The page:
Time for my next chapter to begin…
Saying goodbye seems like a rather strange time to introduce yourself, but looking back to when I began my second stretch here at the Michigan Chronicle in August, 2015, I don’t believe I ever took the time. There was a lot to do, and saying ‘hi’ wasn’t high on the list. I think I briefly laid out what I wanted to do as editor, and then things moved on from there. One issue at a time.
So before I bid all of you farewell as I move on to my next chapter in a new job next week as Deputy Communications Director for the Wayne County Executive, I figure the least I could do is share a few things.
But not before offering my sincere thanks to my bosses at the Chronicle – Hiram Jackson and Cathy Nedd – for giving me the opportunity to once again practice the craft I love so much, in a city that I love like no other, at a time when it often seems like Detroit is consistently the most newsworthy city in the country. It’s not easy to get hired by anyone at the age of 57, and it’s definitely not easy for a 57-year-old African American male to land a job as a journalist – let alone senior editor – in Detroit where, like most cities, many more people are being let go than brought on board.
I can honestly say that it has been an honor and a privilege to be the public voice of the Chronicle for these past two-plus years, a newspaper with a remarkable heritage and legacy that I am proud to now be a part of. There have been some remarkable editors that came before me, and I’d like to think I did my part to move the paper forward and to make it even better. That was my goal, and even though I may not have achieved it to the extent that I would have liked, at least I was able to make a mark. That’s something.
I also want to say that, as someone who has worked for a number of news organizations in various locations – including four right here in Detroit (Detroit Free Press, Metro Times, Michigan Chronicle, Detroit Sunday Journal [the newspaper produced by striking newspaper workers]) – I have never encountered a more dedicated and hard-working group of people in my life than at the Chronicle. Other newspapers may have more staff and more resources, and most do, but not one has more dedication. I know this for a fact, and you should know this as well.
So about that belated introduction…
I’ve been a journalist for roughly 30 years, which is roughly half the amount of time I’ve spent on this earth. Out of those roughly 30 years, more than two decades have been spent as a journalist right here in Detroit. That’s compared to the one year total spent as a journalist intern, first at the Littleton Independent for three months in Littleton, Colorado, and then the Denver Post in Denver, where I was actually born and raised.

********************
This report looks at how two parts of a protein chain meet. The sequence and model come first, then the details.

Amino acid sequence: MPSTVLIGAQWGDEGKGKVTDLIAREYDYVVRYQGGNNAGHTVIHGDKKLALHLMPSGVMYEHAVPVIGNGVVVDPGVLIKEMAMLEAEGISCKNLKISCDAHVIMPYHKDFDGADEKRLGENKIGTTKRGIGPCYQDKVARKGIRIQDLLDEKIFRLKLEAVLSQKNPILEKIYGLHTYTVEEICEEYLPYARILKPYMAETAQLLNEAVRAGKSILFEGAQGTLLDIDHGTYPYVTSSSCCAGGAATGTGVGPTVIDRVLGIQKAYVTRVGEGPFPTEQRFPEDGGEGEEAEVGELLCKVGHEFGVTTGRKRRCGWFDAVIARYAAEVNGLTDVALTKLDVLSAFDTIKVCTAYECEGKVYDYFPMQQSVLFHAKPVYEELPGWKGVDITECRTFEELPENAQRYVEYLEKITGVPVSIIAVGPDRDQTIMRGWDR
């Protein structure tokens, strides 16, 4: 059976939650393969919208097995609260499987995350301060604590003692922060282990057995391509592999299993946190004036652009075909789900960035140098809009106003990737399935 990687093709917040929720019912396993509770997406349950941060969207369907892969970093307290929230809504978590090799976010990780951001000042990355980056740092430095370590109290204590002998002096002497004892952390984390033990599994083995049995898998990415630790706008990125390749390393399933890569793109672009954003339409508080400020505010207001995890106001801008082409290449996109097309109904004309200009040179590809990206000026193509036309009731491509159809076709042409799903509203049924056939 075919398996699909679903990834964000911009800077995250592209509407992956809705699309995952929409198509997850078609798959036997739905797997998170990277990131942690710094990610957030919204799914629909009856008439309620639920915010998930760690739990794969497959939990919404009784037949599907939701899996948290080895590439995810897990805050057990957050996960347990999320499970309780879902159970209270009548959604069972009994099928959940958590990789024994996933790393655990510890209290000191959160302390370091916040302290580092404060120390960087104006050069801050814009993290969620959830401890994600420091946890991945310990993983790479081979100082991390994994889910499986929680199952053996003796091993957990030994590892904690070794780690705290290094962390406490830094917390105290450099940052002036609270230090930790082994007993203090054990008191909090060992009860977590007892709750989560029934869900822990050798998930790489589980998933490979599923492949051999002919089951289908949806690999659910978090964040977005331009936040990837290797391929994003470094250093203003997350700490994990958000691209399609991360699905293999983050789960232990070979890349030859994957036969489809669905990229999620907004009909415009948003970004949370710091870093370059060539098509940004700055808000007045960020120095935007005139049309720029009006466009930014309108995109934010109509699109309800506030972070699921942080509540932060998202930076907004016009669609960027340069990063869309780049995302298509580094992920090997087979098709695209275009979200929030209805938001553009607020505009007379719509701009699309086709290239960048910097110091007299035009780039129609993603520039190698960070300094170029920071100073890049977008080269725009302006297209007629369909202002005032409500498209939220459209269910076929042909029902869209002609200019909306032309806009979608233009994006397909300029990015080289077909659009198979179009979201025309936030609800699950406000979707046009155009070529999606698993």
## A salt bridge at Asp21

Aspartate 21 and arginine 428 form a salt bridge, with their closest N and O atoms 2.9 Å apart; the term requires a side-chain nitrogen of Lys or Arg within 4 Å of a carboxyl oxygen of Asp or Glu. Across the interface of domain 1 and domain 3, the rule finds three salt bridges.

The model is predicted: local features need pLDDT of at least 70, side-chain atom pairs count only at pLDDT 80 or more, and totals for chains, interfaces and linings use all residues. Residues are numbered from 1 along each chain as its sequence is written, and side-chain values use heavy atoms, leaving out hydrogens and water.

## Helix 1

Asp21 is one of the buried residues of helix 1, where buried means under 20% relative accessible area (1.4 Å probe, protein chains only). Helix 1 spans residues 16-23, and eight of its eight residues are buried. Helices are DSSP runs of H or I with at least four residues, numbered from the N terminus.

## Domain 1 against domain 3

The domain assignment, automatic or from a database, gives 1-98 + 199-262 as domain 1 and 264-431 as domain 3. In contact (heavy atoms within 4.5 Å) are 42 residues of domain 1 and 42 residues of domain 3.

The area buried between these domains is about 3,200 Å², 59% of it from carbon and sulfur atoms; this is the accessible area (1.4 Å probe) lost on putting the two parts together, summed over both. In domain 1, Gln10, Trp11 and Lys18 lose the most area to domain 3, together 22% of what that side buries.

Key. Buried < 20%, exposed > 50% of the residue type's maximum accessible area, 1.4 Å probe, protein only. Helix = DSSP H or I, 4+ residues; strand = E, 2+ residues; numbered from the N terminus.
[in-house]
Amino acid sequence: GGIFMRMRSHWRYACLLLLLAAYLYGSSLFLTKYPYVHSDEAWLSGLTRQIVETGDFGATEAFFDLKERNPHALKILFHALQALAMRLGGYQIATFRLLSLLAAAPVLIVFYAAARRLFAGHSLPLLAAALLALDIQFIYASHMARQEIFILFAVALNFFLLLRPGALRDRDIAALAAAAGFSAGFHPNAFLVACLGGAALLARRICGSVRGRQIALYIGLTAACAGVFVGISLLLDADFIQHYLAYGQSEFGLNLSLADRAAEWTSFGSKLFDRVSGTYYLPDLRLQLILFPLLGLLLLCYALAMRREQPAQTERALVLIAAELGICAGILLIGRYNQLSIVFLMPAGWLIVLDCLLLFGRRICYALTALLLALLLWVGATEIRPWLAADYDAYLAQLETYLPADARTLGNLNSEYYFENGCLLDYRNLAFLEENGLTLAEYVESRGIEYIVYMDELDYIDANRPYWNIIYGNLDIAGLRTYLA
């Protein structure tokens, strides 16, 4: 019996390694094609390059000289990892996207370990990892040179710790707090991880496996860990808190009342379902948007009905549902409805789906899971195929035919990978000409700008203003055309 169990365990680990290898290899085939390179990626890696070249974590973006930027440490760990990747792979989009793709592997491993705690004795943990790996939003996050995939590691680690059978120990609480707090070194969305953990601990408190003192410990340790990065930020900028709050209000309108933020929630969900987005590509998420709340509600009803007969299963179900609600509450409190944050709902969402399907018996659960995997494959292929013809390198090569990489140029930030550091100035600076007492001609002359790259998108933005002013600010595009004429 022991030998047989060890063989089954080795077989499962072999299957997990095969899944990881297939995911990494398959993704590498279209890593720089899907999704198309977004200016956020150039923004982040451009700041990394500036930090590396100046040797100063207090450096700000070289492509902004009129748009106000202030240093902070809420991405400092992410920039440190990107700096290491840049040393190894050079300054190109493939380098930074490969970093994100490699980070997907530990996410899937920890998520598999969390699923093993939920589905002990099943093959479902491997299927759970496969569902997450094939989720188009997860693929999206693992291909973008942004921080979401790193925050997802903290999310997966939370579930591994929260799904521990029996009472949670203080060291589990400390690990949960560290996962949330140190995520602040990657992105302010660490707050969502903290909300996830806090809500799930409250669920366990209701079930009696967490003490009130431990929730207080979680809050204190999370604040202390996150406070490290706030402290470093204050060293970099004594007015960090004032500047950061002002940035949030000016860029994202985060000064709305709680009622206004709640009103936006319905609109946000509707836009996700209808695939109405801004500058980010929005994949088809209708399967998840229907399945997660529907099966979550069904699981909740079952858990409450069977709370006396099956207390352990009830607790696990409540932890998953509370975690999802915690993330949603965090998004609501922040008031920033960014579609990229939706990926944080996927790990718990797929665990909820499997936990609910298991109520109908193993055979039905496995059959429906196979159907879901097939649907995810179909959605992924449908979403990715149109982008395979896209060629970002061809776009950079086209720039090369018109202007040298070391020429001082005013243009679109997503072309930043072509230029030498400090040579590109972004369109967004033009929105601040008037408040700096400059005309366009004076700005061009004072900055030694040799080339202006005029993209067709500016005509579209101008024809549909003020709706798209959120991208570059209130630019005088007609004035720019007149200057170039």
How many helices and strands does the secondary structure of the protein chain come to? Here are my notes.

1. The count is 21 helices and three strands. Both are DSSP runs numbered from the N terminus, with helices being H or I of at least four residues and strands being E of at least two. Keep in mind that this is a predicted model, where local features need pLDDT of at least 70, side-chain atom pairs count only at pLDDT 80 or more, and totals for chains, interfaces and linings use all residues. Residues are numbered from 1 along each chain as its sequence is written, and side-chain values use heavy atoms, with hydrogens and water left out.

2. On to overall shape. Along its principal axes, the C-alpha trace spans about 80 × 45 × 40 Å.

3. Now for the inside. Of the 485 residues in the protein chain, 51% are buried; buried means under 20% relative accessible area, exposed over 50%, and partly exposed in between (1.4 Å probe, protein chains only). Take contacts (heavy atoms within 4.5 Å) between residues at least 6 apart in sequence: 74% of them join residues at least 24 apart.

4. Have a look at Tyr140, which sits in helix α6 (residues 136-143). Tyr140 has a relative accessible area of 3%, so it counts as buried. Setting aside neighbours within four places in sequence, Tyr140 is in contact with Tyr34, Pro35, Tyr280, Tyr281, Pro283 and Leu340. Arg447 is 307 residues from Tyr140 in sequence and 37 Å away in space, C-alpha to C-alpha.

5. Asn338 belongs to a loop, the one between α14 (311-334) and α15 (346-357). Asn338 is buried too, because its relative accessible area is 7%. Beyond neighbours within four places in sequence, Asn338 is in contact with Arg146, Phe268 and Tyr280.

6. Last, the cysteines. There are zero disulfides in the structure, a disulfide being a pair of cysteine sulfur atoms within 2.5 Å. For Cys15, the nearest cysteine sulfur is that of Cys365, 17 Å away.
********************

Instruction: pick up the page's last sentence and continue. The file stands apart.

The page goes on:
From there I went to Los Angeles where I was an intern for a year at the Los Angeles Times beginning in 1985, a member of the second class of the Minority Editorial Training Program (METPRO), which is still going on today. I’d like to think we broke in the Times just as much as they broke us in. We helped them get it right. Just my opinion.
After that, I moved to Ann Arbor where I was a general assignment reporter for the Ann Arbor News for three years before moving again to South Florida where I joined the staff of the Fort Lauderdale Sun Sentinel. By the time I was ready to leave Fort Lauderdale four years later and head back north to Detroit, I had become a member of the editorial board. I’m pretty sure I was the first African American to integrate that crew.
Not long after I arrived at the Detroit Free Press in 1993 to join the editorial board under the leadership of the late Joe Stroud, I also became a nationally-syndicated columnist with United Press Syndicate for three years – one year past when the newspaper strike began in July of 1995. It’s kinda hard to remain a syndicated columnist while on the picket line.
But it was also while on strike that I became a regular columnist with the Metro Times. The name of the column was Free Your Mind, and it ran for about five years.
I had several opportunities to leave Detroit, but can honestly say I never considered it, even though I would be much better off financially today if I had done so. Instead, I hung around, writing and also being a working musician in what I still consider to be the musical capitol of the world. I may have learned more about Detroit and its surrounding area as a musician than I did as a journalist, to be honest. The things you see…
Eventually I got a job at UPS in Sterling Heights unloading boxes off of 18-wheeler package trucks, a job I held for three years, from 4-8 am five days a week. I lost 20 pounds my first few weeks.
In 2003, the late Sam Logan invited me to stop with the boxes and join the Chronicle, first as editor of the now defunct Front Page, and then of the Chronicle. I was there until 2006, then left to become Director of Communications for the Office of the Wayne County Treasurer. Five years later I was laid off in August of 2011, so I spent the next four years freelancing and working with my wife in her business until I once again got the call to return to the Chronicle in August of 2015.
And now, two years later, here I go again back to the County. I am looking forward to the challenge, plus I think it will be a lot of fun. This will be quite a year to be in the thick of things. But I also will sincerely miss working with my colleagues at the Chronicle putting out the paper every week. Some days were definitely more challenging than others, but at the end of the day we put out a great product and I am exceptionally proud of that.
And that’s about it, I guess. I’ll be seeing you around.